While this broadening of access is an achievement worth celebrating, we must also note that it still leaves a full quarter of Ghanaians excluded from any form of financial services. Moreover, the type of services accessed through the mobile accounts are still limited: Only 7% of active mobile money account holders say they save via mobile money and a mere 0.5% have taken a mobile loan. Receipt of wages and government payments are both around 2% and even bill payment—typically one of the big early use cases—is only done via mobile money by 5% of active mobile money account holders. The Ghanaian mobile money market is still almost entirely about cash-in/cash-out transactions, remittances and airtime top-ups. This may change over the next couple of years, due to some significant changes in the way mobile products work. For instance, mobile money providers are preparing to launch credit products. In addition, the new regulations passed this summer require providers to enable customers to collect interest on funds stored in their mobile money accounts.
Ghana also has a high share of unregistered users: More than one-third of active mobile money users are transacting in cash over-the-counter (OTC) or using other people’s accounts—a substantially higher share than in the leading markets in East Africa. While this doesn’t have to be a problem - the new regulatory framework has put in place ID checks for OTC customers, and mobile money operators make sizeable margins on their OTC business - it does limit the opportunities for delivering a broader range of account-based services to those users.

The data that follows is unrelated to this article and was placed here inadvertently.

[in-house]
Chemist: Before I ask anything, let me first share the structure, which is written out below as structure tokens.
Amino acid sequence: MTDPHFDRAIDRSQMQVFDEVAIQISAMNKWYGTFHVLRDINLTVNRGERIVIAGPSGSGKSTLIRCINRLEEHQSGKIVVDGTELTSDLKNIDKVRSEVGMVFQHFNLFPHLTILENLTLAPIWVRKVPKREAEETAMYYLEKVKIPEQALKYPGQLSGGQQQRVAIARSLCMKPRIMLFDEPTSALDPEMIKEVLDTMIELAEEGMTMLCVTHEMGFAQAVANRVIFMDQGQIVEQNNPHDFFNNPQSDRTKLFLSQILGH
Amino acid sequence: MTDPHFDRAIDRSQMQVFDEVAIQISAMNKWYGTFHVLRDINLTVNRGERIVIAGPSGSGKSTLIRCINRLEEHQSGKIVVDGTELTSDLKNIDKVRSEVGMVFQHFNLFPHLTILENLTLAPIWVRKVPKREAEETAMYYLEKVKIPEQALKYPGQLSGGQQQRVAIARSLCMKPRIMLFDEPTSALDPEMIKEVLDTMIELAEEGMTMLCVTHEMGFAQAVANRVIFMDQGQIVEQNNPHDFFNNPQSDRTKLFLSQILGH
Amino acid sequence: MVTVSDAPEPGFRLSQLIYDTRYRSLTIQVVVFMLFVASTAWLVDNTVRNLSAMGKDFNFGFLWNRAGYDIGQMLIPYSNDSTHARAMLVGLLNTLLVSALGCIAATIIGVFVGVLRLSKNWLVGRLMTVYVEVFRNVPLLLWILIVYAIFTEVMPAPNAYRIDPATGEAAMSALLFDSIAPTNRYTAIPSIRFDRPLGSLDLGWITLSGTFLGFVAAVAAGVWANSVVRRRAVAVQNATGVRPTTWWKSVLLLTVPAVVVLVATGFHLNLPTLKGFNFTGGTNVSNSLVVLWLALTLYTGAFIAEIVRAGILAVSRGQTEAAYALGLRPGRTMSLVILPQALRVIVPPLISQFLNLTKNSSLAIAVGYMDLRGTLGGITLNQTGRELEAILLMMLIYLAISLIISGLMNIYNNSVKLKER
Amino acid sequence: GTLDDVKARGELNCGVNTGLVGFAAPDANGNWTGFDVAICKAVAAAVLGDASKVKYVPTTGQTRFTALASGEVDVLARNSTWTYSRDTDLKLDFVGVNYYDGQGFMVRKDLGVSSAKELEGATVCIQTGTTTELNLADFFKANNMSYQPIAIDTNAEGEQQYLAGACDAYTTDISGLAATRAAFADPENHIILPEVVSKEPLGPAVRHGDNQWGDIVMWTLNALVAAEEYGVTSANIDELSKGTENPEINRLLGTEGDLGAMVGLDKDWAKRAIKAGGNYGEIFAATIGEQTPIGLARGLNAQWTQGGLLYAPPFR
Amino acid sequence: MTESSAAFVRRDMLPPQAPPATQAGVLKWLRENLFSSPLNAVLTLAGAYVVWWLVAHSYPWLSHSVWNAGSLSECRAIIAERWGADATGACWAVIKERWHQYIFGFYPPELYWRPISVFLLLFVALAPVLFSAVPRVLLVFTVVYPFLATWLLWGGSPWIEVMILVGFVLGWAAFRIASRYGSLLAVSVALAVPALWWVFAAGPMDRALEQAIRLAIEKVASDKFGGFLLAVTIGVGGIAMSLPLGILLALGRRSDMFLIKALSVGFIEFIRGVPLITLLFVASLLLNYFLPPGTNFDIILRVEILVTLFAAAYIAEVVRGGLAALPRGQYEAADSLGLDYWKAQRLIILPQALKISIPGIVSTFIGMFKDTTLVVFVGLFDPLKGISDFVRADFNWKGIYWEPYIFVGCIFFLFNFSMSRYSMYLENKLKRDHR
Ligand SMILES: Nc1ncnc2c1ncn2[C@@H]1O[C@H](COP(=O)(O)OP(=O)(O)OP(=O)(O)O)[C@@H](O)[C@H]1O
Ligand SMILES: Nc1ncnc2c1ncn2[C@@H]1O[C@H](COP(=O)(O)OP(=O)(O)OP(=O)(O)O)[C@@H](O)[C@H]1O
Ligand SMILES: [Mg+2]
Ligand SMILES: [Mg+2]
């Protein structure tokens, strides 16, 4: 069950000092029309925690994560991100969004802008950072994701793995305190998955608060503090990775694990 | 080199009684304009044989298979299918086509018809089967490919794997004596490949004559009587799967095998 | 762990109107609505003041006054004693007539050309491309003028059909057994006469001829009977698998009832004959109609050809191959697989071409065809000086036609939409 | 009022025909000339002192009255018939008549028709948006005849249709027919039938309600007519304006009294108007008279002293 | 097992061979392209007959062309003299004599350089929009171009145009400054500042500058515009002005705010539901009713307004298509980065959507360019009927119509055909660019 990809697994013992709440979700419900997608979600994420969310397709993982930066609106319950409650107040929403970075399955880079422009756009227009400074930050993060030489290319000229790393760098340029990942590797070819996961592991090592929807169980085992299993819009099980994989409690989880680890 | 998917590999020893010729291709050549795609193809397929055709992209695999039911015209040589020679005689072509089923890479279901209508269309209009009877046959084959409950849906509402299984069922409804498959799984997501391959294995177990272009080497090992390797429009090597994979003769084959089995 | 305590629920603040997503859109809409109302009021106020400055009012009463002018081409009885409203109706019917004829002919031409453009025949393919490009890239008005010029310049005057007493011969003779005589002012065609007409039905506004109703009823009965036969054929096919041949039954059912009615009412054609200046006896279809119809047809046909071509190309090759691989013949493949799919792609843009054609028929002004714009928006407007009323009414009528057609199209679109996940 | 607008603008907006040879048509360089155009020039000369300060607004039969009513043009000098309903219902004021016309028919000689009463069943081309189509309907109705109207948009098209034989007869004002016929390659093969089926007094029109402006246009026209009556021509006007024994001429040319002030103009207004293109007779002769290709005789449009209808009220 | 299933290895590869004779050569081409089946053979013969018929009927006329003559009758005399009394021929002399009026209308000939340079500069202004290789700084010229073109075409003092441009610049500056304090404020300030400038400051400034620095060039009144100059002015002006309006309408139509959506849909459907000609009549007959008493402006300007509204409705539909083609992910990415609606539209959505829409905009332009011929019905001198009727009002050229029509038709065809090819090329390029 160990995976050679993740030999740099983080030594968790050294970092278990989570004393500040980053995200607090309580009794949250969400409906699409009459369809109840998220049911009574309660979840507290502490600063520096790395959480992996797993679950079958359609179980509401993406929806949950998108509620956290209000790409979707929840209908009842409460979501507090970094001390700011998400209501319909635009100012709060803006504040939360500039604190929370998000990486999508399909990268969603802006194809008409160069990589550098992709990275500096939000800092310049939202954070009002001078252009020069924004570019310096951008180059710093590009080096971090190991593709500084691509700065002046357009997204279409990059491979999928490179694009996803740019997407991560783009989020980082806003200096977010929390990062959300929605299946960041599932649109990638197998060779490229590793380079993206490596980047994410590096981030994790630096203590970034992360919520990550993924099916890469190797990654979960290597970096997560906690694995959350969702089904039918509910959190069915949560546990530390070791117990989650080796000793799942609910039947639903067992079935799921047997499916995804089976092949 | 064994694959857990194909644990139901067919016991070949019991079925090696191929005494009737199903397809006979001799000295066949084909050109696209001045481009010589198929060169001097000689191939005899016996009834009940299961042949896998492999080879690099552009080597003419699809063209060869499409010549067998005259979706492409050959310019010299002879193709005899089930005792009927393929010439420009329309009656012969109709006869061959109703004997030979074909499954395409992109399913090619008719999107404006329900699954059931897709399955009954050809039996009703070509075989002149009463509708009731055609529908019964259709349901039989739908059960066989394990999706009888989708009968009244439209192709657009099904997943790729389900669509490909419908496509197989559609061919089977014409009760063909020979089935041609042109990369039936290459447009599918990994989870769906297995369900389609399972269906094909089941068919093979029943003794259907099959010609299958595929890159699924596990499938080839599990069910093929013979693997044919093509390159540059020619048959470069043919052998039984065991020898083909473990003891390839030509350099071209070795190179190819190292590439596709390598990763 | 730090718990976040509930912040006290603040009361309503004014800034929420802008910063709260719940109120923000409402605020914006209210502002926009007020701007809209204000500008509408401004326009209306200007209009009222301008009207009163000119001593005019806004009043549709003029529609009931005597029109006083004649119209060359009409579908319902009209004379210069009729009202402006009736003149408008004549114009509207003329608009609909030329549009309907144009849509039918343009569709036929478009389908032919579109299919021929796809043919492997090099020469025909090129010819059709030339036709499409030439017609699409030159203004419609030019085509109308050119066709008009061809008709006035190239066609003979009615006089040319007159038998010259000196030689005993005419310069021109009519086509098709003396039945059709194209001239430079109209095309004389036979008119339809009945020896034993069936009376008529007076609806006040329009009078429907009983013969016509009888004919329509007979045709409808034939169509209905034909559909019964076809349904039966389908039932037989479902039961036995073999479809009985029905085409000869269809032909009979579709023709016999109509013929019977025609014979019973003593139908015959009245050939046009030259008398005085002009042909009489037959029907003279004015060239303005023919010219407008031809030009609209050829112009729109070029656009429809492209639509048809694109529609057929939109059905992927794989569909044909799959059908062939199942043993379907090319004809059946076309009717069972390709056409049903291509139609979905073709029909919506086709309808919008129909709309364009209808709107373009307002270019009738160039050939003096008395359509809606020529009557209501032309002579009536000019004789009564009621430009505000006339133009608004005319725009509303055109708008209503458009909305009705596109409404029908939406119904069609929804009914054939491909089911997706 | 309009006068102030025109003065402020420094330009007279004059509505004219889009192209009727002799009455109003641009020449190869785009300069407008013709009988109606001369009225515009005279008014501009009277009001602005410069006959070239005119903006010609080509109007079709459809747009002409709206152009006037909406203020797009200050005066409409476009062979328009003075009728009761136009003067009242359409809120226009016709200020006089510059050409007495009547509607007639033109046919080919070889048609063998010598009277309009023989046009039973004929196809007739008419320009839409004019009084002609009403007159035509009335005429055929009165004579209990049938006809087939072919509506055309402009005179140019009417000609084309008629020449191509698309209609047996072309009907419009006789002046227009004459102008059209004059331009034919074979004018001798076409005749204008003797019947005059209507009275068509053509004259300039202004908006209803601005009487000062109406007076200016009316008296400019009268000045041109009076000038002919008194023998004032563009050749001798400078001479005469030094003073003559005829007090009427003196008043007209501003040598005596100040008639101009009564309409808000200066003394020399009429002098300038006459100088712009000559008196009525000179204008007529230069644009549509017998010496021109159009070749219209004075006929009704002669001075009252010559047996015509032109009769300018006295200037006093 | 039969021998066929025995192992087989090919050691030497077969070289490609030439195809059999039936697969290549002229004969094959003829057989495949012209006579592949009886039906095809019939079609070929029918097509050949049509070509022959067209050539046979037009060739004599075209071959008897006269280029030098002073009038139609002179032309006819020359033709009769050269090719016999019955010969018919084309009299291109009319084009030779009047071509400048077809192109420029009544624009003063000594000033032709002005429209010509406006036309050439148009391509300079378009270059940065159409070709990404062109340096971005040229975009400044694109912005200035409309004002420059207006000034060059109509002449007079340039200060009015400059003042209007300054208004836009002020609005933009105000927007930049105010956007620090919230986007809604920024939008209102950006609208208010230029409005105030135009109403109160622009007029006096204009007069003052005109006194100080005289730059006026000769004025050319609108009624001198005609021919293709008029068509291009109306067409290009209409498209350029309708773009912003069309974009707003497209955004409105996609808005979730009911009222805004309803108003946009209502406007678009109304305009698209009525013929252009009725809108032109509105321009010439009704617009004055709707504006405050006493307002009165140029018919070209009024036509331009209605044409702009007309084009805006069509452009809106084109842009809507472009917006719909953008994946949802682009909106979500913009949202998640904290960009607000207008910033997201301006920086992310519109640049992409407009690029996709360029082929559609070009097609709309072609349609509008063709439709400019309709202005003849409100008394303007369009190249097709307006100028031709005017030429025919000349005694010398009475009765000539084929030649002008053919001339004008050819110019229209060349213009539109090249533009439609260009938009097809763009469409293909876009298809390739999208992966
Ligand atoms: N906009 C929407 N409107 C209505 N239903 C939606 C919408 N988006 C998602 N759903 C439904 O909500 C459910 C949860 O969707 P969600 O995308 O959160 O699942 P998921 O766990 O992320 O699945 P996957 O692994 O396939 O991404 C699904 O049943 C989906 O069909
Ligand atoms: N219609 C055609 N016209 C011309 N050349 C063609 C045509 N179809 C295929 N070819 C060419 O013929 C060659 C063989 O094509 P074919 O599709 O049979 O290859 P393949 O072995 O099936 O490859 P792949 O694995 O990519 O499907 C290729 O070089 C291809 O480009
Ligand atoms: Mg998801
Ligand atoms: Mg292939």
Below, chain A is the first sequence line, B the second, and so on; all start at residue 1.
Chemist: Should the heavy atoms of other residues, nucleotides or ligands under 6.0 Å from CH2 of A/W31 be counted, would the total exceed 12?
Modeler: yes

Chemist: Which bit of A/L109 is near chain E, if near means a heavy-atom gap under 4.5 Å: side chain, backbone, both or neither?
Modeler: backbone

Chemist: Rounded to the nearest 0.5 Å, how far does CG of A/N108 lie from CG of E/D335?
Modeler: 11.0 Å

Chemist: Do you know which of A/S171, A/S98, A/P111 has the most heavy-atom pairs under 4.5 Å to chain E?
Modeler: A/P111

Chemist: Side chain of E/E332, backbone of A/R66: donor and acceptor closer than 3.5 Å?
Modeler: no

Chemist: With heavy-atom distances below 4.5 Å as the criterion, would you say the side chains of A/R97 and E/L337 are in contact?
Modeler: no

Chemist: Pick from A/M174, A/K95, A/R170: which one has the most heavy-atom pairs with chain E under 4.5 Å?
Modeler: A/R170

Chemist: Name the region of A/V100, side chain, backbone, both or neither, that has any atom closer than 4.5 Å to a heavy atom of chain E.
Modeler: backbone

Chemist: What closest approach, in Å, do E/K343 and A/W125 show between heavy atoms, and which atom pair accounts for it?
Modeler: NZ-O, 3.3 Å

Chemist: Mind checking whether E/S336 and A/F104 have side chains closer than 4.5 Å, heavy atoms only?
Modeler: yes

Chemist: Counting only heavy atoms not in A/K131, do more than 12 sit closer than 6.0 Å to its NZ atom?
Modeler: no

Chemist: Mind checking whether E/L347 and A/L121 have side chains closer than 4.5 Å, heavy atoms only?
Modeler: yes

Despite these reservations, the findings that emerge from our new data should be cause for optimism in Ghana and beyond. It has taken longer than most people expected, but mobile money in Ghana is finally taking off—and is rewriting the country’s financial access landscape in the process.
Currently, neither government nor corporate sectors make much use of mobile money. But with a fifth of the population now registered with mobile accounts, deploying solutions that leverage them to strengthen customer value, reduce cost and increase transparency is becoming an increasingly attractive proposition.
The future of mobile money in Ghana also depends on whether and when the country’s banks make their peace with mobile money and recognize it as complementary, not contrary, to their own core business. While banks are right to reflect on what the rise of alternative providers means for them, they need not see it as an existential threat. At the end of the day, almost every aspect of mobile money in some way also benefits the banking sector. The wallet balances of previously unbanked customers are swept up by mobile money, but held in bank accounts; and while the interest banks must pay on these funds will be higher—since mobile money operators will shop around for the best terms—their cost of deposit mobilization is also near zero. Nonbank e-money issuers are also not allowed to offer credit or insurance products themselves, but must partner with a bank or insurer to underwrite these products. This brings within reach of the traditional financial institutions vast new customer groups which they have thus far had very little contact with. All of this presents new opportunities for the bold and agile—and the first movers.